Rob Johnson's long, painful journey back to Mariners
Mariners' catcher Rob Johnson will start opening day after enduring knifing pain from bone spurs and torn tissue in both hips. How he came back from multiple surgeries surprised both himself and his manager.
Seattle Times staff columnist
ALBUQUERQUE, N.M. — The pain started in early May. Rob Johnson had trouble stretching, couldn't get his hips loose.
He tried stretching more and when that didn't work, he did his best to ignore the pain, which is like ignoring the shrieking baby in the seat next to you on a cross-country flight.
"Don't surrender to the pain," he told himself. "Mind over matter."
And, most important, the Mariners' catcher thought, "Make sure you don't tell the skipper. Don't let him see your pain."
It had taken Johnson six years to get to the big leagues. Nothing had come to him easily and now that he was there, he wasn't about to let the pain in his hip keep him on the bench. Not at this point in his career.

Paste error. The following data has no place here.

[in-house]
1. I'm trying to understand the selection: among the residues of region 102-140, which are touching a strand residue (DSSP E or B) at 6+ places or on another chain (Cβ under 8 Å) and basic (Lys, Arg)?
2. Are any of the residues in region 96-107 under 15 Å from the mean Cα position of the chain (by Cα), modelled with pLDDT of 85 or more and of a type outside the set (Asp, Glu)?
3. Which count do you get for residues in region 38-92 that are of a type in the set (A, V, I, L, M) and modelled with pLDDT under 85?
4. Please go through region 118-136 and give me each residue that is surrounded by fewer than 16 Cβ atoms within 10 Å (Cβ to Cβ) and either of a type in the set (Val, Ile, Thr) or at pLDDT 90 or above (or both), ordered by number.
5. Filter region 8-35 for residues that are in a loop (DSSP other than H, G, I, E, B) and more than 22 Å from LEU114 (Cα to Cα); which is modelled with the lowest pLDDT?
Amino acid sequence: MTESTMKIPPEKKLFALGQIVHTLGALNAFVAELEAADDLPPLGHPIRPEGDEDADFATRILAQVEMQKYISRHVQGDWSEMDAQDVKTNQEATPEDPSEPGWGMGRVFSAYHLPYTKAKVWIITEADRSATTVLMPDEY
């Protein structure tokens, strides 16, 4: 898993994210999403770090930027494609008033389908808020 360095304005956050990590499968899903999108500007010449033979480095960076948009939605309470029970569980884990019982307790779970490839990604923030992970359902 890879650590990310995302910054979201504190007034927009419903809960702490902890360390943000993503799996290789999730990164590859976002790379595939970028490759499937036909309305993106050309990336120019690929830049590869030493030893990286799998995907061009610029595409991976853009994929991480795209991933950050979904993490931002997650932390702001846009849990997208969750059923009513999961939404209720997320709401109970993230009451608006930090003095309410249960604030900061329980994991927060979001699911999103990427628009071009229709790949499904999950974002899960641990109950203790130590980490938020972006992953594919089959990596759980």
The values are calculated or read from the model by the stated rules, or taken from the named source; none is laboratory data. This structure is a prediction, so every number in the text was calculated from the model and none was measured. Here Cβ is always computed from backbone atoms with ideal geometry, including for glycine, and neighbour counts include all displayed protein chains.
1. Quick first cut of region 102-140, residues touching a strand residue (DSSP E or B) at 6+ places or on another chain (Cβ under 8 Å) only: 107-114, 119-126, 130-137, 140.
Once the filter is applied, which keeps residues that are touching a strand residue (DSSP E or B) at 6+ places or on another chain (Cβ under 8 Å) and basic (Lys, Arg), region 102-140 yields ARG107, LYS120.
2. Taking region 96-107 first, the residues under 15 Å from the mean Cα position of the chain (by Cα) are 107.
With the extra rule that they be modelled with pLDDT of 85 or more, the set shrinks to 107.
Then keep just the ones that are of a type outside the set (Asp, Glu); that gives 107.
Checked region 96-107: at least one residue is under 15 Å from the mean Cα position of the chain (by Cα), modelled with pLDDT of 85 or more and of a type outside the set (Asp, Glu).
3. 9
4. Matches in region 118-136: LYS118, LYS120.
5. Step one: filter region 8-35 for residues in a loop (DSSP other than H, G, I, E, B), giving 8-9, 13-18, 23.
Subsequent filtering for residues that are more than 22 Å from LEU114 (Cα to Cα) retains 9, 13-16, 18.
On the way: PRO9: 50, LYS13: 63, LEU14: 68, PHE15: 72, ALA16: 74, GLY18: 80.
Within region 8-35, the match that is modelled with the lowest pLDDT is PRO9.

"I wanted to help the team," Johnson said, "and I still thought I could."
He had bone spurs in his hips. He had torn labrums in both hips. Every time he went into his crouch, every time he dropped to block a pitch in the dirt, every time he swung a bat or ran the bases, the pain in both his hips knifed through his legs.
But, best as he could, Johnson hid the hurt.
"I was in a lot of pain," Johnson said, "but when you step on the field and there are 40,000 people out there, all your adrenaline starts going and you tend to put the pain in the back of your mind.